The cell-based meat, poultry, and seafood company Memphis Meats has closed a $161 million Series B funding round. Thus far, the company has raised more than $180 million. It expects to use the most recent influx of capital to build a pilot production facility, hire more employees, and launch its products into the market. No launch date has been announced. Memphis Meats is currently working with regulatory agencies to “ensure a timely and safe market entry,” according to a company press release (pdf).
The Series B round was led by SoftBank Group, Norwest, and Temasek. Also, new and existing investors joined the round, including Bill Gates, Cargill, Tyson Foods, Finistere Ventures, Future Ventures, Kimbal Musk, Fifty Years, CPT Capital, KBW Ventures, and Vulcan Capital.
“We are excited to welcome these investors into our ‘big tent,’” said Uma Valeti, cofounder and CEO of Memphis Meats, in the press release. “Cell-based meat is poised to dramatically expand humanity’s capacity to feed a growing global population while preserving our culinary traditions and protecting our planet.”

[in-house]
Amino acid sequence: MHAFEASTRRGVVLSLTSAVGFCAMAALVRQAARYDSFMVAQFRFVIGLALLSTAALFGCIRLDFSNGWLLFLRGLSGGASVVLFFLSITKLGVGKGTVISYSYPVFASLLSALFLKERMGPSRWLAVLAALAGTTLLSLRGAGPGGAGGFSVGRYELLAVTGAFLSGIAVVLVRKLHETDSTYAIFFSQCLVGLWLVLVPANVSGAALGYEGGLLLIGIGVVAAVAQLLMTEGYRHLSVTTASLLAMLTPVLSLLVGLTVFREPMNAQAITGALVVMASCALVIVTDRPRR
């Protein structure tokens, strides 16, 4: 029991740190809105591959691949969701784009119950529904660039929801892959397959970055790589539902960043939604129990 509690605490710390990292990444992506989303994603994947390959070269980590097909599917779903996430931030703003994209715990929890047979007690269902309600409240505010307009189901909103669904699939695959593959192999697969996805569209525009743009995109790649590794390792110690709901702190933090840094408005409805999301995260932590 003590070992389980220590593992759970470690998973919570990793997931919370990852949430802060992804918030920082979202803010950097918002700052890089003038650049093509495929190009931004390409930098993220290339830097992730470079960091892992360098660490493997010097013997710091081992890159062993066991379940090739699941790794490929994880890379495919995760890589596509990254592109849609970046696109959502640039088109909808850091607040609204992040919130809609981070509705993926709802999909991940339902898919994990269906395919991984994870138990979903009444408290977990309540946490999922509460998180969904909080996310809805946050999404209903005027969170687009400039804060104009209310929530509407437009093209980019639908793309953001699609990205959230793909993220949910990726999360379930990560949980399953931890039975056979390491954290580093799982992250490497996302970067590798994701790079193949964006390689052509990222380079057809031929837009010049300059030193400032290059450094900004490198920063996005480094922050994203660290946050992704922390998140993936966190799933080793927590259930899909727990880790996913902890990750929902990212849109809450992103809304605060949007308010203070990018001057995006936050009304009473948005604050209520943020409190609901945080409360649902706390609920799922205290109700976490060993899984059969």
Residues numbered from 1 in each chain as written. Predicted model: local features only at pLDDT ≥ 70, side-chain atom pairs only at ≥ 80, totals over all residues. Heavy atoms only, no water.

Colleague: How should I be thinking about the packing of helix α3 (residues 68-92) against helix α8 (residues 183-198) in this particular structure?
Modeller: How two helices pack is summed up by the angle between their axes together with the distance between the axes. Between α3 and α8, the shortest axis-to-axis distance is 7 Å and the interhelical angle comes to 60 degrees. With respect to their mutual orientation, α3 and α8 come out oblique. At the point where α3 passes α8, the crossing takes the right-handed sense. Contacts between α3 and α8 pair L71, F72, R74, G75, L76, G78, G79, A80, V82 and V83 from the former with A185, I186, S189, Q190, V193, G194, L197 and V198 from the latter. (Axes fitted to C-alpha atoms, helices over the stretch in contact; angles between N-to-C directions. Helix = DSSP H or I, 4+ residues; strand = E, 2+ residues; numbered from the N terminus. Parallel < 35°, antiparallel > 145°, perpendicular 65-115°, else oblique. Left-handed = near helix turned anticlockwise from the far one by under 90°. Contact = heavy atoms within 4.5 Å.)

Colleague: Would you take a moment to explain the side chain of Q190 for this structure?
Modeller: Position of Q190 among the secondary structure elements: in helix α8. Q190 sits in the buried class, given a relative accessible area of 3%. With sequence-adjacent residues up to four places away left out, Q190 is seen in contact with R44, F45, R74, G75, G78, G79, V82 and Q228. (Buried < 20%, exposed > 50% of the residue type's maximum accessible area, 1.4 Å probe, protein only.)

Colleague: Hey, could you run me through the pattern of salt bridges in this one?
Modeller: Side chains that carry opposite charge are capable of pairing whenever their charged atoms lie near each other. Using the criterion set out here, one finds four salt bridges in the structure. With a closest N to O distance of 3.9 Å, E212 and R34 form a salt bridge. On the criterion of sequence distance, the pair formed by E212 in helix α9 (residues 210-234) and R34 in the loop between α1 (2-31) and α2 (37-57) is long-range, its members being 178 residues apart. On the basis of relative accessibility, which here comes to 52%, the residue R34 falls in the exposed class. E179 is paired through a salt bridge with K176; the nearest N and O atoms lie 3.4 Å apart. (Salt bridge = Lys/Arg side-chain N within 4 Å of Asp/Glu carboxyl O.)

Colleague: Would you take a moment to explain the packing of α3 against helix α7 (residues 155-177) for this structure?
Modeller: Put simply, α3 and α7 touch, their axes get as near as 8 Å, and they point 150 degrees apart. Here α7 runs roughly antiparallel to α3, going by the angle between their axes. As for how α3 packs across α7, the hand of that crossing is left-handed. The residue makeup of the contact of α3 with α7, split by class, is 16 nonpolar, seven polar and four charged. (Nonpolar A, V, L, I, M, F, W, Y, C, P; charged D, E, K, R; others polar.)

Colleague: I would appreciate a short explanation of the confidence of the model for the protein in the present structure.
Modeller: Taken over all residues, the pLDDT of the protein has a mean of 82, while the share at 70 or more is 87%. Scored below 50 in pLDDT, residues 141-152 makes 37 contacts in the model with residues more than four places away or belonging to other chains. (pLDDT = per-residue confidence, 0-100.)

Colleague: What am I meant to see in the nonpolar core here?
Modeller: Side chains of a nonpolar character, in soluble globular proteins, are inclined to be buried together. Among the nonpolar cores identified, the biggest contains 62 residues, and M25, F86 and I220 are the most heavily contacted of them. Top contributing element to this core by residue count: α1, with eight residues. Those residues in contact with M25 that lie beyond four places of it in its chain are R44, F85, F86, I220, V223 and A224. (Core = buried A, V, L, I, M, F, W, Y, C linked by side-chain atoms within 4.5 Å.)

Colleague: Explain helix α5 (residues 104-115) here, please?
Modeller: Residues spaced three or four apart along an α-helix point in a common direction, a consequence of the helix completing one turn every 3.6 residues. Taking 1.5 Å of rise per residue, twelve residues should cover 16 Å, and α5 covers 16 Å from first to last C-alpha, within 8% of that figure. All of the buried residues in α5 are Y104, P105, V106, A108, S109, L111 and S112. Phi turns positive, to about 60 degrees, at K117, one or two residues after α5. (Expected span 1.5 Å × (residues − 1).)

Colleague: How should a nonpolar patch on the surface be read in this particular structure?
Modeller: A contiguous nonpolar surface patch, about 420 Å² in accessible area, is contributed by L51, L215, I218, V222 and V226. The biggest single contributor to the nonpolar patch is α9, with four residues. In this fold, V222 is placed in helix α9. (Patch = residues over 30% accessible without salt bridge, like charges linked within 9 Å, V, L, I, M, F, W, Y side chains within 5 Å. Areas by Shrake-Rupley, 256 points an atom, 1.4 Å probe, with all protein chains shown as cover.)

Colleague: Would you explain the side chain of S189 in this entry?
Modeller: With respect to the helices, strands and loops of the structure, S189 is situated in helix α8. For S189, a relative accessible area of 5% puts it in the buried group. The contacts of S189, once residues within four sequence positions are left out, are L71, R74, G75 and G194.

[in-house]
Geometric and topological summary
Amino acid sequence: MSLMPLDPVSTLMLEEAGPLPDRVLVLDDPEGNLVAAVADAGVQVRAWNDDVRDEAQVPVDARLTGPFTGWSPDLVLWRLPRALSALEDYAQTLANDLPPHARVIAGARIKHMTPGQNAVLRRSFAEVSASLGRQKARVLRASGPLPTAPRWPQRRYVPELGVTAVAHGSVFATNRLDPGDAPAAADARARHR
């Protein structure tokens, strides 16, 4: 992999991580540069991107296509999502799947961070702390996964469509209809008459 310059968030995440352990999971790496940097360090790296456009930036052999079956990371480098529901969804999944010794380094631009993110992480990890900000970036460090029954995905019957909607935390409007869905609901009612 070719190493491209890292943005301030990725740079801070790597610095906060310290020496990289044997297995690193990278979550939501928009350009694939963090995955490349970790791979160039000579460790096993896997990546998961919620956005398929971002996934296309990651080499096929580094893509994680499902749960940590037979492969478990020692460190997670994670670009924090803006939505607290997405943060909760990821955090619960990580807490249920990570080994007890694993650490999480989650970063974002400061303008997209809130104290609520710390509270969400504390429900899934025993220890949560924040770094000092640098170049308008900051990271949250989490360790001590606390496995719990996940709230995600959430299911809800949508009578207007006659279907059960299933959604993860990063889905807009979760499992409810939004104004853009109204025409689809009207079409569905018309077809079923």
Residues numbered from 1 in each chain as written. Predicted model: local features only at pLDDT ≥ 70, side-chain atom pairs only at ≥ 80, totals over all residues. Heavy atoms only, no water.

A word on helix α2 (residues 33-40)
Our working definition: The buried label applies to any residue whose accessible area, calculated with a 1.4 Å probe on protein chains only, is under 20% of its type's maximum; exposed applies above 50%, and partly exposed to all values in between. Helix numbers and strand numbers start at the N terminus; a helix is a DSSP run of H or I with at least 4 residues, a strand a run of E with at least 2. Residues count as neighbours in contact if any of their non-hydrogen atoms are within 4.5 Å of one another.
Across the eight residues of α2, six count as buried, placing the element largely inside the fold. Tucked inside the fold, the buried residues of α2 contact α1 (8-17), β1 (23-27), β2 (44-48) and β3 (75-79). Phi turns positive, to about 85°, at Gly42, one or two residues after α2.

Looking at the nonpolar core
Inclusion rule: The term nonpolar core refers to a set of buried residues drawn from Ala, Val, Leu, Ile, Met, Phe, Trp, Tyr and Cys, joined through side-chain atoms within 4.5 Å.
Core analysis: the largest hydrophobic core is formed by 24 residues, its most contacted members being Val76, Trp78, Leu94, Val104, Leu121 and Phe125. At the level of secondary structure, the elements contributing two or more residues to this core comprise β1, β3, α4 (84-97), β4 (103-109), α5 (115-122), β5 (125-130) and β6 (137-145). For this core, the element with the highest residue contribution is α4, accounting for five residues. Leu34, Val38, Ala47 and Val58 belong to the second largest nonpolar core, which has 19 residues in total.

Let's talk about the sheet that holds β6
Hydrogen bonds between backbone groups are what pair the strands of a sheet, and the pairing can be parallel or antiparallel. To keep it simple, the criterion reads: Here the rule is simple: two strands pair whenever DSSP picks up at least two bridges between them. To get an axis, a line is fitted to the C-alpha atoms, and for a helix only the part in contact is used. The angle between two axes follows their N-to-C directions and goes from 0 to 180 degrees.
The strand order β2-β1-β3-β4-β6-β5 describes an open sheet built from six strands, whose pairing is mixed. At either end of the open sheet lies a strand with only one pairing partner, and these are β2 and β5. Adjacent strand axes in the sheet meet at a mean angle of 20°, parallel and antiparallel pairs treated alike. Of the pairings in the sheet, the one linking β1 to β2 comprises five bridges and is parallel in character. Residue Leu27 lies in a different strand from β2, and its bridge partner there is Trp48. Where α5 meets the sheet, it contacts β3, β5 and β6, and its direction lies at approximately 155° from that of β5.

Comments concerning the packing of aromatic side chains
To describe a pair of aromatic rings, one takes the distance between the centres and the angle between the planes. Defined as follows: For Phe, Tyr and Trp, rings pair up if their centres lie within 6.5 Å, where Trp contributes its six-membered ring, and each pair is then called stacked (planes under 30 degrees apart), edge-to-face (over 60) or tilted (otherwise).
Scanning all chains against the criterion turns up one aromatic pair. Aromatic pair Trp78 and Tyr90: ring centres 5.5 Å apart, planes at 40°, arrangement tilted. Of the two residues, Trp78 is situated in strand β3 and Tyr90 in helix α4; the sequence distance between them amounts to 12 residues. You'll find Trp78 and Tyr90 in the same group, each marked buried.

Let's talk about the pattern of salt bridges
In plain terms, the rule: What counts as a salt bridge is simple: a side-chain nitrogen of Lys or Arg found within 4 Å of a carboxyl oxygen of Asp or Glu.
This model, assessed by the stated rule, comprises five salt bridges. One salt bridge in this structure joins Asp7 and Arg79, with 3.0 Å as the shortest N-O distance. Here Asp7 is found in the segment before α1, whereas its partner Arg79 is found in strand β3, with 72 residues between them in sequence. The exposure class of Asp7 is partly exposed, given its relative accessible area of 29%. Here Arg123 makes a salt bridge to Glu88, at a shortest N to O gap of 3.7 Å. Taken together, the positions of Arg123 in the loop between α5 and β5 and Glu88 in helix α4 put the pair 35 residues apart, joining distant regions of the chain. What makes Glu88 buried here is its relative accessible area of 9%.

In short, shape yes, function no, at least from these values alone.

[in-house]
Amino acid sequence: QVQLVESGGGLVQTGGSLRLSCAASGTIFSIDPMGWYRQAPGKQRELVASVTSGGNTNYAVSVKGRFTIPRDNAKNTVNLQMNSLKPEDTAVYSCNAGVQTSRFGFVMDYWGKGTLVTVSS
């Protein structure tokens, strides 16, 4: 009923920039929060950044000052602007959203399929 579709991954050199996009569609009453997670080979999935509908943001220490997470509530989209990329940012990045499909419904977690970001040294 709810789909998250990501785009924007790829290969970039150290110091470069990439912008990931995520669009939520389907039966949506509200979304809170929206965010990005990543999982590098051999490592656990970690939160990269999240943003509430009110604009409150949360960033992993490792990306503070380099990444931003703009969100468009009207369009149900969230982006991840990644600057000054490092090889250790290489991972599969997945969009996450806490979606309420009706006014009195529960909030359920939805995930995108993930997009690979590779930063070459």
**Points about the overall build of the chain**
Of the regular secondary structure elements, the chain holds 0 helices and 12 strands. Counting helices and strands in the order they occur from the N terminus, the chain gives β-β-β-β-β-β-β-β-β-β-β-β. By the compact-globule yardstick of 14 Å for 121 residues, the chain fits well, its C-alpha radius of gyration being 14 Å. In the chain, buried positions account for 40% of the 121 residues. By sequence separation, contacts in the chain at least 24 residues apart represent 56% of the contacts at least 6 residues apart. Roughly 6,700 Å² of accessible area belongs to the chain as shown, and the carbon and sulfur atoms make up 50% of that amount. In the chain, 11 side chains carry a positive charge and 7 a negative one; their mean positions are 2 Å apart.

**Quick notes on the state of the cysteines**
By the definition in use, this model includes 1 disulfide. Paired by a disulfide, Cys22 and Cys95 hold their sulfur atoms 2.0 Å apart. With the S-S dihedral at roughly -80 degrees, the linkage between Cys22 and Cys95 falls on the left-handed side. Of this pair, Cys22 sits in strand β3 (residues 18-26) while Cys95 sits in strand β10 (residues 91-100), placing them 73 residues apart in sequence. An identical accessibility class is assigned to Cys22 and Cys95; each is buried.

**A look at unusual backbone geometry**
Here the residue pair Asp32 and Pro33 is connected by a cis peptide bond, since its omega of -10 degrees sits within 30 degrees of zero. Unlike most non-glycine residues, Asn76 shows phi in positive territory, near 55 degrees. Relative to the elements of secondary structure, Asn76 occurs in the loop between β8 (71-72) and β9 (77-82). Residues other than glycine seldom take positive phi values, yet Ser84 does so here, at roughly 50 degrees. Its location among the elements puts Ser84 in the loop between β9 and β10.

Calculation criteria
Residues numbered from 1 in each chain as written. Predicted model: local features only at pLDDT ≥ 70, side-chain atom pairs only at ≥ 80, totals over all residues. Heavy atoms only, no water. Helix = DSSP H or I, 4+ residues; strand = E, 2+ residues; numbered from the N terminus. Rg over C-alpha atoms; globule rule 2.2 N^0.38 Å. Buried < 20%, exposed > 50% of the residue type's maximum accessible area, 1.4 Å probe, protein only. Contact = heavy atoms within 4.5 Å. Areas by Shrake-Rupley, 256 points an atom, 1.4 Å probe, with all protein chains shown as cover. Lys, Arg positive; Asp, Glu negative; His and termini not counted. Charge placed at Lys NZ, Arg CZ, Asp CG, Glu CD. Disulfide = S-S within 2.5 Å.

Press release (pdf)
The latest research from Mintel shows that after several years of growth, the foodservice industry is expected to decline by up to 30% from 2019 to 2020, following nationwide dine-in bans/restrictions, restaurant closures, job losses, and lowered consumer confidence.
According to Innova Market Insights’ COVID-19 Consumer Survey (conducted in March 2020), in China, India, and Indonesia, personal concerns center on health, personal income, and the availability of healthcare and products to buy.
COVID case surges across the United States and the subsequent rollbacks in re-opening plans have stalled the U.S. restaurant industry’s recovery, reported The NPD Group.
A study published in the Journal of Food Science and also discussed during a SHIFT20 session entitled “First Look at Nomenclature Research for Seafood Made from Fish Cells,” explores the nomenclature surrounding cell-based or cultured meat, poultry, and seafood in the United States.
Total customer transactions at major U.S. restaurant chains declined by 14% in the week ending July 12 versus one year ago, compared with -11% in the prior week, reported The NPD Group.